Son Doong, the world’s largest cave, located in central Vietnam, will be featured in 360-degree images in a historic project funded by National Geographic Magazine – the leader in featuring stories about the exploration of natural and heritage sites around the world.
Although the magazine has already published a story and images of the cave, located in UNESCO-recognized Phong Nha Ke Bang National Park in Quang Binh Province, it continued to carry out the Son Doong 360 project late last month for further detailed publications.
The cave has made headlines in other famous media outlets, including national television channels from Japan, Germany, the U.S., England, Italy, and Spain, apart from NatGeo, which publishes nine million copies a month in 33 languages.
VTV, Vietnam’s national broadcaster, plans to feature a film about Son Doong this month.
The cave was first explored in 2009 by an British explorer, Howard Limbert. The cave is believed to be large enough to accommodate 40-story skyscrapers and 100-feet tall trees.
The cave is said to have been created two to five million years ago due to river water erosion of the limestone underneath a mountain.
It was included in eighth place in a list by The New York Times of 52 global destinations to visit in 2014.
It has been accessible to tourists since August 2013 thanks to tour programs organized by Oxalis Adventure Tours, which is the only firm authorized by local authorities.
A tour costs each traveler US$3,000, excluding air tickets, for a six-day trip to explore the cave, and the waiting list is full till 2016.
The project is expected to show exclusive 360-degree images of Son Doong on the online edition of NatGeo.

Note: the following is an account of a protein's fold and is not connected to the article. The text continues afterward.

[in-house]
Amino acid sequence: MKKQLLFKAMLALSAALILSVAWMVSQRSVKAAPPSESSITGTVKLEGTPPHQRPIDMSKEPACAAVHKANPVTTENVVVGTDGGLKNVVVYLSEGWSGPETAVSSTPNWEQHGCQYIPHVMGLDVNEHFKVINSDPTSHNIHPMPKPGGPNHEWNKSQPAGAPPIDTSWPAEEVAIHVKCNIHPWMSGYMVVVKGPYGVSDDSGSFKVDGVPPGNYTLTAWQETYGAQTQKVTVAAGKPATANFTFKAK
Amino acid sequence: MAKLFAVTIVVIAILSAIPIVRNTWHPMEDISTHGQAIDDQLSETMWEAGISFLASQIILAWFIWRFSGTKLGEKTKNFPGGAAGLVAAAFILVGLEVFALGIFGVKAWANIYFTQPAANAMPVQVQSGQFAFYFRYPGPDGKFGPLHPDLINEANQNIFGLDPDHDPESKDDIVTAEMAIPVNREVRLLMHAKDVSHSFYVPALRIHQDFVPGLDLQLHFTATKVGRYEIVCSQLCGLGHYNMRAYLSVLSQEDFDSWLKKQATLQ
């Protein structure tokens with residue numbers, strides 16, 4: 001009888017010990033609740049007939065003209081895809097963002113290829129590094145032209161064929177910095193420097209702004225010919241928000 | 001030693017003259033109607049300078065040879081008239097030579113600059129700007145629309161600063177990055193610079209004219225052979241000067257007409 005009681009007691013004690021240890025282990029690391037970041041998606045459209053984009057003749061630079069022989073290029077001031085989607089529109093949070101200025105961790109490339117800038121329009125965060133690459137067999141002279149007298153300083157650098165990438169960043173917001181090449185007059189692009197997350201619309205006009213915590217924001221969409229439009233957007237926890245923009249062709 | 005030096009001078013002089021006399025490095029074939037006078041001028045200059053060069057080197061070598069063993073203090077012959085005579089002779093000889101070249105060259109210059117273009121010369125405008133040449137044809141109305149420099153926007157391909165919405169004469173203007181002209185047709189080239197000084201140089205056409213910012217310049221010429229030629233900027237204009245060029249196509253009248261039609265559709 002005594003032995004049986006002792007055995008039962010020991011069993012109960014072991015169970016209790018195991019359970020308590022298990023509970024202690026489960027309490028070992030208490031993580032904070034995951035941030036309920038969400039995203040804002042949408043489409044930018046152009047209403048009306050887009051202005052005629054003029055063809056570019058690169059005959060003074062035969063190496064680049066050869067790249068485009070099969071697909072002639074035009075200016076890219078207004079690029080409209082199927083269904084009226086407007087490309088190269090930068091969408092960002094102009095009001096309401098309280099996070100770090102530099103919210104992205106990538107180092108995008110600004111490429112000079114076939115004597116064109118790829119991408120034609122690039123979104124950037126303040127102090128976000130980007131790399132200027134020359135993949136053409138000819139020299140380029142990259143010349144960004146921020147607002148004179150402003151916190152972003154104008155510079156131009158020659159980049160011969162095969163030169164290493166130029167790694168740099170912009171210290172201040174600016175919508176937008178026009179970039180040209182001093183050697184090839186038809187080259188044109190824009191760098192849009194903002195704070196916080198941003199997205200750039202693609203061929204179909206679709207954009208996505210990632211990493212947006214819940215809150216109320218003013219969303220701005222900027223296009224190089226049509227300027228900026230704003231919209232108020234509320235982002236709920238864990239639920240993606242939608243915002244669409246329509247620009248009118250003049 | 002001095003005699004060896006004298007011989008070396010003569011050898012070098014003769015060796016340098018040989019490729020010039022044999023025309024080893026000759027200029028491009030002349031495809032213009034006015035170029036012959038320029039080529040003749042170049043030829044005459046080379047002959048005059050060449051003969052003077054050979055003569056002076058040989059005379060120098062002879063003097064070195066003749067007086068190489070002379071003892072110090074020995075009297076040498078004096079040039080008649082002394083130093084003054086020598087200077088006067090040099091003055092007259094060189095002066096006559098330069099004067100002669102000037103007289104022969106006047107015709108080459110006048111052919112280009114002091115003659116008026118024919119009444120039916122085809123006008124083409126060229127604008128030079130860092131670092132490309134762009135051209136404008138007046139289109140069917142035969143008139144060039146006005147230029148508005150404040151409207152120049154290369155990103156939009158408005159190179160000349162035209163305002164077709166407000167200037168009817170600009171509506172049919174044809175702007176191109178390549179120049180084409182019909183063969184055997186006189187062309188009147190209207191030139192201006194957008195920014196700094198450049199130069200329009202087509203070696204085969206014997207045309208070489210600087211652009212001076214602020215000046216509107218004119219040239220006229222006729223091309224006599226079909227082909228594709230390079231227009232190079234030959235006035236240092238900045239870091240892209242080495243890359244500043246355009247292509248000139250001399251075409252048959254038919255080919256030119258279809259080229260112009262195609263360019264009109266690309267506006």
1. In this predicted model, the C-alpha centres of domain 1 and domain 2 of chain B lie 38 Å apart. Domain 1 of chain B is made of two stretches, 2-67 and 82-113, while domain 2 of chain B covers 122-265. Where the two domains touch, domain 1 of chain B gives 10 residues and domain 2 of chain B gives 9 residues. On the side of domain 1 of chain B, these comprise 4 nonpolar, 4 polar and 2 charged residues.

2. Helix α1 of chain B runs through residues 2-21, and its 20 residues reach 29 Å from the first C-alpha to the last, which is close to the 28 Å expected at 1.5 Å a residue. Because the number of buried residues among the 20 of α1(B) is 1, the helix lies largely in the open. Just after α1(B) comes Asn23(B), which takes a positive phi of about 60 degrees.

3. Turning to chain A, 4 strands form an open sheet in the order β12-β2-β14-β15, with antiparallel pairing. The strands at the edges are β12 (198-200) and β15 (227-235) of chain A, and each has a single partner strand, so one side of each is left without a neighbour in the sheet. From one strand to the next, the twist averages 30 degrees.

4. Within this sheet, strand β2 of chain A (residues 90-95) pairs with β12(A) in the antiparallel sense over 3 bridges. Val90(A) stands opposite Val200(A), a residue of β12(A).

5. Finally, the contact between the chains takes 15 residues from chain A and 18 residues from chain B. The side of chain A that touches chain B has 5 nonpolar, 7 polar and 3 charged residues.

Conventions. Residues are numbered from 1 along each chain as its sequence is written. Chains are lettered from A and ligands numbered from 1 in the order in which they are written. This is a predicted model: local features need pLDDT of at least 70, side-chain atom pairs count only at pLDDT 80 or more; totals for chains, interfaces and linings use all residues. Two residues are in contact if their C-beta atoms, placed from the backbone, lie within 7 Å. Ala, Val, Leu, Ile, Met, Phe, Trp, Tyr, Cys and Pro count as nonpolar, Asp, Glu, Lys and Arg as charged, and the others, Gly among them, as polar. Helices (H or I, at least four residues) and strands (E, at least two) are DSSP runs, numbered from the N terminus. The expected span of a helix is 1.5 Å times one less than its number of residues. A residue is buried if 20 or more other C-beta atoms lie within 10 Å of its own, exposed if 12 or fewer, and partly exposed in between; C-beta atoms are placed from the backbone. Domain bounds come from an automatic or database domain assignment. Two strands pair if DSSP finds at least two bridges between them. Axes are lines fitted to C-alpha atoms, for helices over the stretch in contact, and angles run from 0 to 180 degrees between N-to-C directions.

Son Doong 360 was initiated by Swedish journalist Martin Edström, 27, who graduated from Stockholm Unviersity in 2010 and is now working as a photographer for UNDP and the Kontinent Agency of Sweden.
“With a 360-degree project, readers will be given more chances to interact with the topics and the stories featured,” he said.
With Son Doong, many pictures of each section or corner of the cave will be taken so they can be joined later to create 360-degree images. Readers will be able to drag the mouse to see different corners.
Captions and explanations will also be displayed at the point of a mouse.
Before initiating the Son Doong 360 project, Edström implemented three other similar projects last year about the ancient city Petra in Jordan, a world cultural heritage site, and two others about the lives of Syrian migrants in Lebanon and Jordan.
Petra has existed for over 2,300 years.
“However, the first three 360 projects are nothing compared to the Son Doong 360,” Edström underlined.
The Son Doong 360 project was sponsored by National Geographic’s Global Exploration Fund, which was established in 1888 to encourage exploration and preserve nature and relics.
So far, it has funded over 10,000 projects at a total cost of $153 million. The average sum for each project is around $15,300, and it acts like ‘security’ to attract other sponsors.
Edström gathered his friends to set up a team to come to Vietnam, including his brother Fredrik and his girlfriend Katja Adolphson.
The group includes medicine students, photographers, computer game developers, and construction supervisors.
Their equipment for the Son Doong trip includes some 40 cameras, numerous lenses, computers, walkie-talkies, global positioning devices, and electricity generators.
All of the equipment weighs 220kg and requires a team of ten porters to carry it.
January 25, 2015 was the starting day of the Son Doong 360 project.
Toan, one of the porters, said briefly, “The cave is so fantastic. I have come here many times and discovered different beauty each trip. It’s ineffable.”
Đăng ký: VietNam News